Skip to main content

Are you a legal professional? Visit our professional site

Search for legal issues
For help near (city, ZIP code or county)
Please enter a legal issue and/or a location

NYPD's New Pot Possession Policy Takes Effect Nov. 19

Article Placeholder Image
By Daniel Taylor, Esq. on November 11, 2014 11:54 AM

The New York City Police Department has announced that it will no longer arrest those carrying 25 grams or less of marijuana.

Instead, NYPD officers will issue begin issuing summonses to those in possession of small amounts of marijuana, reports Gothamist. The summonses, similar to those issued for speeding tickets or relatively minor offenses, will not appear on a person's criminal record.

What else do you need to know about the NYPD's new marijuana possession enforcement policy? Here are five facts:

  1. Brooklyn's DA already instituted a similar policy. The NYPD's announcement comes after the Brooklyn District Attorney announced earlier this year that it would no longer prosecute those arrested with less than 25 grams of marijuana.
  2. First offense will result in $100 fine. A violation of New York's marijuana possession law will still result in a fine of up to $100 for a first offense. The violation will not, however, appear on an offender's criminal record.
  3. Those cited will not be fingerprinted or photographed. Along with avoiding having an arrest record, those cited for marijuana possession and issued a summons will not be photographed nor have their fingerprints taken.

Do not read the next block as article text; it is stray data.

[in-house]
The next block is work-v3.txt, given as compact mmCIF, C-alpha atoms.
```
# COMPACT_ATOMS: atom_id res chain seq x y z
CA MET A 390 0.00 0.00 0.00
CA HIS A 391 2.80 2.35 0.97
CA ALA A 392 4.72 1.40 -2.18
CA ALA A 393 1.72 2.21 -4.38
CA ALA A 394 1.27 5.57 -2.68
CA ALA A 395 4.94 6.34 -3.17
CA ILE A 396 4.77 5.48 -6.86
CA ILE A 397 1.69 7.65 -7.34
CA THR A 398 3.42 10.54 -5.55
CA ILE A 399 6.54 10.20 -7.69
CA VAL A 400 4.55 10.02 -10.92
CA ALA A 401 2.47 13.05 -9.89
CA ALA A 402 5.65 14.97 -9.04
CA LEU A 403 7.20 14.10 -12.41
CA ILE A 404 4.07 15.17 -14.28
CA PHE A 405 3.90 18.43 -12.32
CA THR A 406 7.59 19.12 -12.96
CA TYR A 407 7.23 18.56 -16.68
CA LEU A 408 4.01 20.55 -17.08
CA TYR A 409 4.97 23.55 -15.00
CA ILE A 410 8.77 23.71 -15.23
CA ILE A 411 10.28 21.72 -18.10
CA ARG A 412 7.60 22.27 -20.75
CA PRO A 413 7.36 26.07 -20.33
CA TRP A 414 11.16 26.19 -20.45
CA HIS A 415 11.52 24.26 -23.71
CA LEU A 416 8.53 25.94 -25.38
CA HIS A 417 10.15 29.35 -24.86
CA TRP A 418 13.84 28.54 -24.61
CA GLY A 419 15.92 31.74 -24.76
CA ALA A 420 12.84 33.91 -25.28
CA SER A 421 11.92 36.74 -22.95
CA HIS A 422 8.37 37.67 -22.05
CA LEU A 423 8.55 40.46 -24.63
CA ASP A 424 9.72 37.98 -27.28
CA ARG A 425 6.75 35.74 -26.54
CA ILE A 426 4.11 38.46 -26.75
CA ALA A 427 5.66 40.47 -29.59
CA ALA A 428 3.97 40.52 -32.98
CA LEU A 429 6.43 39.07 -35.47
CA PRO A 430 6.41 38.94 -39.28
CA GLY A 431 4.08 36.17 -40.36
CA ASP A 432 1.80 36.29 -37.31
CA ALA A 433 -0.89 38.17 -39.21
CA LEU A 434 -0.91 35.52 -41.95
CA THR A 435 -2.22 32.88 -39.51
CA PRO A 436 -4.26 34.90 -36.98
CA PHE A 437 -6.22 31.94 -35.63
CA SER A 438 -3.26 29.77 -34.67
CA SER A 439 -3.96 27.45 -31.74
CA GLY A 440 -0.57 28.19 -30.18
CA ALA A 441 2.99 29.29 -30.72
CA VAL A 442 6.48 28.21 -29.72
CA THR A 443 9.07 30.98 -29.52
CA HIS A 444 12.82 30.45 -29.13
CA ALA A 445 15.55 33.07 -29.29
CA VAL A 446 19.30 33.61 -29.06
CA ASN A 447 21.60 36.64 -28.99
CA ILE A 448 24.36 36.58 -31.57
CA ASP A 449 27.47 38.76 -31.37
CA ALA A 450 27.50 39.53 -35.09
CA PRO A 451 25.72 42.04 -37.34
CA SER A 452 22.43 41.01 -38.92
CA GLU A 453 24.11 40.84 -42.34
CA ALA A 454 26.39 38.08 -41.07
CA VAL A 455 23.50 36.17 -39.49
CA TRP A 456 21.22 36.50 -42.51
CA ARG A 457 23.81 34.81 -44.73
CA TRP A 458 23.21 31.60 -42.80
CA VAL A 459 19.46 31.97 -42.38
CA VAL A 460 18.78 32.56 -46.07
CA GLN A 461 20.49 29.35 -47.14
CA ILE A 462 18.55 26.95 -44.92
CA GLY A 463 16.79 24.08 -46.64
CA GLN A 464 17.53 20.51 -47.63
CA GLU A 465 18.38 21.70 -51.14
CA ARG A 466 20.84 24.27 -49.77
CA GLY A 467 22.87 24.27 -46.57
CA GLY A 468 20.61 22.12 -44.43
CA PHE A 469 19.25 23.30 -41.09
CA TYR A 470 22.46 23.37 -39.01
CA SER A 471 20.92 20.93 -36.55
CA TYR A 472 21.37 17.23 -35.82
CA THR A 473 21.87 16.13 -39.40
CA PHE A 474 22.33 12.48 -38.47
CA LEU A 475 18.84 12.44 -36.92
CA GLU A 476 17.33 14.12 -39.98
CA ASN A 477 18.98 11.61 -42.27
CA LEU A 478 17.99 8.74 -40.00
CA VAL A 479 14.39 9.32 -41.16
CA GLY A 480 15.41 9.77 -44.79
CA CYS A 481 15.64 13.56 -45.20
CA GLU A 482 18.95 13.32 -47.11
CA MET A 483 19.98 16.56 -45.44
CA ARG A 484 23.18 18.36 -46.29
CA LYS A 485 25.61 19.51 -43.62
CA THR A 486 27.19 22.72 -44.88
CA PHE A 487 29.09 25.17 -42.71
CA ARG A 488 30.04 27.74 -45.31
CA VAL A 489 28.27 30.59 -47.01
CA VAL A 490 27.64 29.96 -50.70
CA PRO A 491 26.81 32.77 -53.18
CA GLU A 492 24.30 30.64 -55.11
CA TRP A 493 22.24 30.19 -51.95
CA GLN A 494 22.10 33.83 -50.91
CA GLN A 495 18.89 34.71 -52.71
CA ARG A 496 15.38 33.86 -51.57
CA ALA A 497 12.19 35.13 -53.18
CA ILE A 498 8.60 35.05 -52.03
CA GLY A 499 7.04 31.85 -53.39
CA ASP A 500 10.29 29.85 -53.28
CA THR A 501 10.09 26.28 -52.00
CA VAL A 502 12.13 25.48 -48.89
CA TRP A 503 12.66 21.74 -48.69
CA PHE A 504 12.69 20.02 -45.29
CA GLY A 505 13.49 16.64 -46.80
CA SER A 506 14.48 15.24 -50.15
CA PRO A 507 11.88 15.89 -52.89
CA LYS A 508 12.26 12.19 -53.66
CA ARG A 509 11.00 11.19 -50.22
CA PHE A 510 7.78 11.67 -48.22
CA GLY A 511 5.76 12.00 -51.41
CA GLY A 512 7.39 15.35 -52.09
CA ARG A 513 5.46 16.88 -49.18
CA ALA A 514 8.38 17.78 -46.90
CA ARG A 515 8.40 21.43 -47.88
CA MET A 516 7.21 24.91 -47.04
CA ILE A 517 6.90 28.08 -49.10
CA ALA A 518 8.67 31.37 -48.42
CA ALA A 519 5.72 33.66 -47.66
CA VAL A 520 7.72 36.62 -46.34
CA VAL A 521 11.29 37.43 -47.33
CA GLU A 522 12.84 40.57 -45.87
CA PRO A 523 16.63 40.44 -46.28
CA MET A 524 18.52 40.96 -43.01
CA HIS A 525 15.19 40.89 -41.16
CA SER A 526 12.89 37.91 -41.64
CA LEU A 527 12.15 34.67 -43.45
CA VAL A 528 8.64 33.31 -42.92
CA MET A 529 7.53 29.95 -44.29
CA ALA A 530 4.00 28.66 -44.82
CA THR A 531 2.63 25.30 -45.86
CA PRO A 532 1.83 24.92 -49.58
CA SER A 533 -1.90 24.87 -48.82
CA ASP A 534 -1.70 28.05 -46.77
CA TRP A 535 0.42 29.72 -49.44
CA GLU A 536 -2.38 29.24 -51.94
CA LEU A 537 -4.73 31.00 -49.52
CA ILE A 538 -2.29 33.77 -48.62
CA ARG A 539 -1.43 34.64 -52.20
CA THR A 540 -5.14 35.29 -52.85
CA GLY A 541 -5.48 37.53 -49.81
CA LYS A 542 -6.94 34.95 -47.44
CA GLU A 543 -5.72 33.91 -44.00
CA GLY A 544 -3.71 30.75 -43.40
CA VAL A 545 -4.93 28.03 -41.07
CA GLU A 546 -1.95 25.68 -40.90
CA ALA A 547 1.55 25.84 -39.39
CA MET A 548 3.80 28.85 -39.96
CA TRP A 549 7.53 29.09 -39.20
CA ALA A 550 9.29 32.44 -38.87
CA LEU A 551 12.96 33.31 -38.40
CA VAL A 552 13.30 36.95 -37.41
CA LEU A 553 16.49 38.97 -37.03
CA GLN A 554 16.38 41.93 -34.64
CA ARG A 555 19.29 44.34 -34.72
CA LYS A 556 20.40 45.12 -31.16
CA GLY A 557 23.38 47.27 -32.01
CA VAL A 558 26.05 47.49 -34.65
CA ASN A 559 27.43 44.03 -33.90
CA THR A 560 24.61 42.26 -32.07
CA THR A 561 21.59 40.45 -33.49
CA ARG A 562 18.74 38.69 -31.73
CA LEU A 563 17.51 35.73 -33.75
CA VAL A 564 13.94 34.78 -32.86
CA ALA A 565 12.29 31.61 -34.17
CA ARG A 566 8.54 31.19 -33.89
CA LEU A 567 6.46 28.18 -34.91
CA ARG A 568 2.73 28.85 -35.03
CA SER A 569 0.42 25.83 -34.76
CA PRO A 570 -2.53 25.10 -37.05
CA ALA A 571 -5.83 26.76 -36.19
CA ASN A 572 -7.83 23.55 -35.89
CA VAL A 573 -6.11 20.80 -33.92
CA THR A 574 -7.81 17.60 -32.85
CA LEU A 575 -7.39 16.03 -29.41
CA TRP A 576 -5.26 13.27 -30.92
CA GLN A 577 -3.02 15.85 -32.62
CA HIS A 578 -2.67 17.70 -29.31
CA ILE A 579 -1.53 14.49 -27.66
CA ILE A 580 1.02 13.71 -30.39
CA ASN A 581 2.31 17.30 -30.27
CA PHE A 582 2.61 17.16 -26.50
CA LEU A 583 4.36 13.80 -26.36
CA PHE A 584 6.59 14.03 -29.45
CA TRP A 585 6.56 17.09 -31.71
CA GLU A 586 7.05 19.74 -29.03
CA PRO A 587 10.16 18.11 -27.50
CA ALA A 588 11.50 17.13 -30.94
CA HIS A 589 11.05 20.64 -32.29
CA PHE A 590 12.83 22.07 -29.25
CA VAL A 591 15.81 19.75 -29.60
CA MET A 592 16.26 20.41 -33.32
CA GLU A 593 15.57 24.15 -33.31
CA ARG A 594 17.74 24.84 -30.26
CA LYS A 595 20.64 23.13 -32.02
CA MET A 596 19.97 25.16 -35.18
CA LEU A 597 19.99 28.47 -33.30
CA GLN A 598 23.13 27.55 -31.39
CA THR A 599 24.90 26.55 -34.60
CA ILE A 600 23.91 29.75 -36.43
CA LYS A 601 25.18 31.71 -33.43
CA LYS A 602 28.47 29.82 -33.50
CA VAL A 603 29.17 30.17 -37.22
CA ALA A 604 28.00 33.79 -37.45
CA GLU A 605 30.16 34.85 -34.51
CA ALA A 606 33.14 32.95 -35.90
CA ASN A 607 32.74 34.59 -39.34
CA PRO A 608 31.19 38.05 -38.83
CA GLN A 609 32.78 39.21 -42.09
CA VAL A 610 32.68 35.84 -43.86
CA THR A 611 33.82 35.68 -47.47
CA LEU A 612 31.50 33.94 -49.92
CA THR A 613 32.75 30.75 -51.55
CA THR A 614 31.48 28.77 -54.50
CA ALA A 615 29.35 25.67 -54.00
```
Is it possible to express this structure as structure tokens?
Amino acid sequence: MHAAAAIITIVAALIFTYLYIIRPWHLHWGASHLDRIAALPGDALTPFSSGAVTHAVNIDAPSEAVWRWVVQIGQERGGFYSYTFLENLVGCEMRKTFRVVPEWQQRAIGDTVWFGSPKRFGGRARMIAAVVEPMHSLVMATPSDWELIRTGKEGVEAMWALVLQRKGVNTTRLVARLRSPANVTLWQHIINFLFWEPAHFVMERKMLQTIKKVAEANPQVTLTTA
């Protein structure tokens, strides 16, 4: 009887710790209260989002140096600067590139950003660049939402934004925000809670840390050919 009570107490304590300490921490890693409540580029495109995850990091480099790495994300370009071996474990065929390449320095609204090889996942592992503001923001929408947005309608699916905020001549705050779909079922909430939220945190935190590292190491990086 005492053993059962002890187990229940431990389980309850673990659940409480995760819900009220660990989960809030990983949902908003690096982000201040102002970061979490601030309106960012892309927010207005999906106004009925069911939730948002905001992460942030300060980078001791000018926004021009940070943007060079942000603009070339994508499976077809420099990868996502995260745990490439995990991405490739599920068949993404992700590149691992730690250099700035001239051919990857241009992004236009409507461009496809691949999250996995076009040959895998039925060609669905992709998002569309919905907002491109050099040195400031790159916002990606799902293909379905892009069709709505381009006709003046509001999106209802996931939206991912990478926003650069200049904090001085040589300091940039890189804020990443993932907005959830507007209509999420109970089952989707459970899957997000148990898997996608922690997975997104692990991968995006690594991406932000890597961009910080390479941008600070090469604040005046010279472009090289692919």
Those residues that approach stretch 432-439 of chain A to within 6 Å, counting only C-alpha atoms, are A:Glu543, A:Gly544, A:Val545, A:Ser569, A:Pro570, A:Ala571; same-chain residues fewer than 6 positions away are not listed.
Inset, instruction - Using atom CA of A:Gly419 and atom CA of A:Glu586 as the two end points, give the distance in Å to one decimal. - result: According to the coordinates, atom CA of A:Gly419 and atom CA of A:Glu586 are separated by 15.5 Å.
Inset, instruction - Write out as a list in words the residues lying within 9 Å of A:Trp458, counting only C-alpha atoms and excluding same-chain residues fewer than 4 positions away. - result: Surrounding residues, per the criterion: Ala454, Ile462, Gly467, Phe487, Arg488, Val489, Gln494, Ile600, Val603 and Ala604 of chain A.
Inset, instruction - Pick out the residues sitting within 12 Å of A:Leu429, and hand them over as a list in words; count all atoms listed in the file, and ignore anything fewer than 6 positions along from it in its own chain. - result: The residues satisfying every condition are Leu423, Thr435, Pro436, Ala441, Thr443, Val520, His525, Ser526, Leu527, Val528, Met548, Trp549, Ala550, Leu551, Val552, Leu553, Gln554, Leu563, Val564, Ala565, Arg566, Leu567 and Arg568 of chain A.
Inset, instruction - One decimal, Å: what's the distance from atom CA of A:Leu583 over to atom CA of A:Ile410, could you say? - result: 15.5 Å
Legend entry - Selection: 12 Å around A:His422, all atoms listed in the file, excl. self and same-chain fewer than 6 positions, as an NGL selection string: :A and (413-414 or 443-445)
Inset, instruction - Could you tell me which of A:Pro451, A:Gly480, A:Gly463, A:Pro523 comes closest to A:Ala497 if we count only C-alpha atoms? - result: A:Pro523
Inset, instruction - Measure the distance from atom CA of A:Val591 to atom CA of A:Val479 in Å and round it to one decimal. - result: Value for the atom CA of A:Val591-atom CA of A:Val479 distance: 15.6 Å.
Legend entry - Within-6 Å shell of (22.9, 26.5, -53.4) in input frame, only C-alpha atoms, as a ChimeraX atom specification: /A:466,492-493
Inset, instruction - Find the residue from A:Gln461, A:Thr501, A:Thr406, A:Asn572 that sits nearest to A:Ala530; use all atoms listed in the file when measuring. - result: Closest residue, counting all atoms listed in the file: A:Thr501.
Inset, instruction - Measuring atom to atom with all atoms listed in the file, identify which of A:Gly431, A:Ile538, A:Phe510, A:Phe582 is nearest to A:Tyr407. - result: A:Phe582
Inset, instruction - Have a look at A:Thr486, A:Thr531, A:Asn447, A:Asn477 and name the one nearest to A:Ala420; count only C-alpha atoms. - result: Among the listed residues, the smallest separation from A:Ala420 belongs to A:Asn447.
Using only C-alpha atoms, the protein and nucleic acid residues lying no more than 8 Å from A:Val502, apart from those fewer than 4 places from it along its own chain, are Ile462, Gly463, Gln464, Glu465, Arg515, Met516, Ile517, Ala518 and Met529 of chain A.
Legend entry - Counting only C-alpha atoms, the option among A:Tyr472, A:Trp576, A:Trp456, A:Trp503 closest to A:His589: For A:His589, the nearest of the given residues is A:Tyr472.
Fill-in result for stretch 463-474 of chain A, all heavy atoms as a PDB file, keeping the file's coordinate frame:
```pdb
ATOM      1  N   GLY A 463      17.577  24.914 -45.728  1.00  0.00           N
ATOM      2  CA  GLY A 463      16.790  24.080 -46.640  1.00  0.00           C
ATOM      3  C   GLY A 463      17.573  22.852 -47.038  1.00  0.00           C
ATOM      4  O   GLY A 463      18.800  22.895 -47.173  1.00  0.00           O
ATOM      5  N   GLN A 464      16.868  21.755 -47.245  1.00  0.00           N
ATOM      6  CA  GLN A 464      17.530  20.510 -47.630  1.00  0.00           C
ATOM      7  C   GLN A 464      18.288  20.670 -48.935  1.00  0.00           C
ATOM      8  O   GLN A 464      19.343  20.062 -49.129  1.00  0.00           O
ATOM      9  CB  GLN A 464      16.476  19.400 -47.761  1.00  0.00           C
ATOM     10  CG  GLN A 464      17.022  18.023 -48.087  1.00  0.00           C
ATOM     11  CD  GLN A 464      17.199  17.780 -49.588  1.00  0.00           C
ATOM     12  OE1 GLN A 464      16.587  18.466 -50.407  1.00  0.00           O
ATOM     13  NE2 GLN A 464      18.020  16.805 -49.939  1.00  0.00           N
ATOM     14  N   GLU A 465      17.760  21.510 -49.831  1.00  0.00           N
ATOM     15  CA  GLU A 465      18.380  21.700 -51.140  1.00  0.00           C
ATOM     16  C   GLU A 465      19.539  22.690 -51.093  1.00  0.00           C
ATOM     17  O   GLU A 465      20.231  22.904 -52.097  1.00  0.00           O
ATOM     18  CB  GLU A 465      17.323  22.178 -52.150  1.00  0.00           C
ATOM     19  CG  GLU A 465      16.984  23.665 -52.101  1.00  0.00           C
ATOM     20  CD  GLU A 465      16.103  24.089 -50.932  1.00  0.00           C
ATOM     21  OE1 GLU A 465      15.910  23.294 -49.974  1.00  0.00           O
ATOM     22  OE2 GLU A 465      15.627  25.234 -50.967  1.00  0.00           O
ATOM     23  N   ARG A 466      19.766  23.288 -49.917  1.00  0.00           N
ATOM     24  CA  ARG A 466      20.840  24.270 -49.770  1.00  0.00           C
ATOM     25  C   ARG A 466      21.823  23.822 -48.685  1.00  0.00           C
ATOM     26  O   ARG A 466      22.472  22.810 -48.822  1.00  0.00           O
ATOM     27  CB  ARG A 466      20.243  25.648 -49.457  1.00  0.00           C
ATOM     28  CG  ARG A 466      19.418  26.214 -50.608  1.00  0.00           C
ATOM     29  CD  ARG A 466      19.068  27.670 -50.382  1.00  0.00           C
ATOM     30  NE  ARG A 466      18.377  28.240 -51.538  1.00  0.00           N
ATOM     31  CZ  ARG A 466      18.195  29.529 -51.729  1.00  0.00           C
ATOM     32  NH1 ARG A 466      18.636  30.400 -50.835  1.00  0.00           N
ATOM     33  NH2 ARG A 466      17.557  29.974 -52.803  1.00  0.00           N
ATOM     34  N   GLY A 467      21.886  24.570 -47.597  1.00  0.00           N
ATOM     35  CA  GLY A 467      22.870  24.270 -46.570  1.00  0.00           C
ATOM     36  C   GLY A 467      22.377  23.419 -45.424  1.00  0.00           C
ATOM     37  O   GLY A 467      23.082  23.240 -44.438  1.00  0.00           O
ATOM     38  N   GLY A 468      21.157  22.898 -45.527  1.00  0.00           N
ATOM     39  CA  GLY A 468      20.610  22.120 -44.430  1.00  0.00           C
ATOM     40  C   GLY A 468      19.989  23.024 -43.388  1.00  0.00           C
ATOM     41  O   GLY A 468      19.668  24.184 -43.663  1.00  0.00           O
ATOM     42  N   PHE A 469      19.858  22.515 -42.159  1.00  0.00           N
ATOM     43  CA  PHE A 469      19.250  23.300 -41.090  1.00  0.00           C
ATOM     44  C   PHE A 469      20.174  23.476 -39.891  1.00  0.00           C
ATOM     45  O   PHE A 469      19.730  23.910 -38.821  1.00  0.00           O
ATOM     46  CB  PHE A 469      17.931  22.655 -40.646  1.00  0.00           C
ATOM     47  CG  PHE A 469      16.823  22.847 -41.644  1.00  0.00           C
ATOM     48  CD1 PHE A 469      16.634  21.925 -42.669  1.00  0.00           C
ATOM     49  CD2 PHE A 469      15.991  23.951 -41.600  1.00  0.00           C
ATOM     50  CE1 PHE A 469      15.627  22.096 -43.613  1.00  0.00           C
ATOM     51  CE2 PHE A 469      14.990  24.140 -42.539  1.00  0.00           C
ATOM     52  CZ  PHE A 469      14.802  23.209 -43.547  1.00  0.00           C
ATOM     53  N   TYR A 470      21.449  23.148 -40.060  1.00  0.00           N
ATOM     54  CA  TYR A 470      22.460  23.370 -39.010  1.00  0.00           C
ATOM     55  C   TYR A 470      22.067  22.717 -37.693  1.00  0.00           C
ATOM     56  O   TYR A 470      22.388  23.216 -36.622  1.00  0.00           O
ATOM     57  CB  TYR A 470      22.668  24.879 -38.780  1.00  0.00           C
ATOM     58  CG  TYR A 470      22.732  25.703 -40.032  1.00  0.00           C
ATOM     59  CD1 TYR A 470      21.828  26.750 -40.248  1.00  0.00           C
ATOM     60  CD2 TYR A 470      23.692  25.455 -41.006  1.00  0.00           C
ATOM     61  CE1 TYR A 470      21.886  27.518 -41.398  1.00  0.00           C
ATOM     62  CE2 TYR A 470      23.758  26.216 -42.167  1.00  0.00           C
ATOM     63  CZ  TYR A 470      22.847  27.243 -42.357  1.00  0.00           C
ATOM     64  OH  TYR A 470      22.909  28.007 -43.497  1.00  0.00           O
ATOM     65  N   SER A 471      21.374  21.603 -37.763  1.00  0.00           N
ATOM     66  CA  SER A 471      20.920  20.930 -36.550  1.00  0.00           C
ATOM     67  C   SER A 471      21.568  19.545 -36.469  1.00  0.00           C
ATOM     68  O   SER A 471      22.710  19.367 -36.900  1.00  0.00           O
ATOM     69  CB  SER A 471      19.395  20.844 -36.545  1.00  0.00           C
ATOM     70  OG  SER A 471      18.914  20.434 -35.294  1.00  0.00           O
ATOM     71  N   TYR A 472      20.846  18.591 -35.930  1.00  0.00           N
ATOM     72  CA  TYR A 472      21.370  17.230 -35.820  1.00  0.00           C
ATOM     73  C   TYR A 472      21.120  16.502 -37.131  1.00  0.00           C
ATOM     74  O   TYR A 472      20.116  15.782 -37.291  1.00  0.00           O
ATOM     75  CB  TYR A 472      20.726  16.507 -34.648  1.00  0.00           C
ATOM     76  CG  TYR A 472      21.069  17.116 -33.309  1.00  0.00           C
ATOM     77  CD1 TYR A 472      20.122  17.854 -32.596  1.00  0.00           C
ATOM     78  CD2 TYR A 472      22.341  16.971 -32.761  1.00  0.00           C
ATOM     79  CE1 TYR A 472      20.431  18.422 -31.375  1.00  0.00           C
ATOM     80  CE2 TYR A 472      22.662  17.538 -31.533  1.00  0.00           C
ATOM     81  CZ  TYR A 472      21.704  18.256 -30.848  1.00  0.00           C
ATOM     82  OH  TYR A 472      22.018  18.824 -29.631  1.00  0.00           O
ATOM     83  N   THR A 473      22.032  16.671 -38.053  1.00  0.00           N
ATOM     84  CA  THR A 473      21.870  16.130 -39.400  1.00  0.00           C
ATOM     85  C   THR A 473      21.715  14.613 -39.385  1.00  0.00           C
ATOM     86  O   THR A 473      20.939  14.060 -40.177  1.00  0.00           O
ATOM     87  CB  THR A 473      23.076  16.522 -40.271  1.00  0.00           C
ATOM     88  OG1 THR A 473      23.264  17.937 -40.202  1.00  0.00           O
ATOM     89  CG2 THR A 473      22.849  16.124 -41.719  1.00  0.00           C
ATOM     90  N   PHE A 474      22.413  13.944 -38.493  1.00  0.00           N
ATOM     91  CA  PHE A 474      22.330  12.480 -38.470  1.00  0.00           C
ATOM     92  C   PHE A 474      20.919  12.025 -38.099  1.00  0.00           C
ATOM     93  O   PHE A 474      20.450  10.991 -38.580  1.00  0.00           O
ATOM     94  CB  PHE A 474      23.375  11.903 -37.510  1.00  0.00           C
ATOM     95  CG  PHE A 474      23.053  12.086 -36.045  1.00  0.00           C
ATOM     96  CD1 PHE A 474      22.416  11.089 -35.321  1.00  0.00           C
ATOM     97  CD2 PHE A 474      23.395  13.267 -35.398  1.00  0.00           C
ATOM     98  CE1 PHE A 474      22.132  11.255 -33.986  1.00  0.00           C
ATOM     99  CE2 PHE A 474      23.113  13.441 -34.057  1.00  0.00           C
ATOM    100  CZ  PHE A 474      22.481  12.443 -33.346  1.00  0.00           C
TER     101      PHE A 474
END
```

4. Those without ID may still be arrested. One caveat to the new policy is that a person violating the state's marijuana possession law who cannot show a valid ID will still be arrested. In addition, those who smoke marijuana in public may also still face arrest.
  5. Marijuana was decriminalized in New York in 1977. Possession of less than 25 grams of marijuana was actually decriminalized by the New York legislature in 1977, making possession a violation punishable by up to a $100 fine. However, NYPD officers often circumvented that law by frisking a suspect, then arresting that person for possessing marijuana in "public view," a misdemeanor, when the search revealed marijuana on the suspect's person.

The NYPD's new policy will go into effect on November 19.

Related Resources:

Find a Lawyer

More Options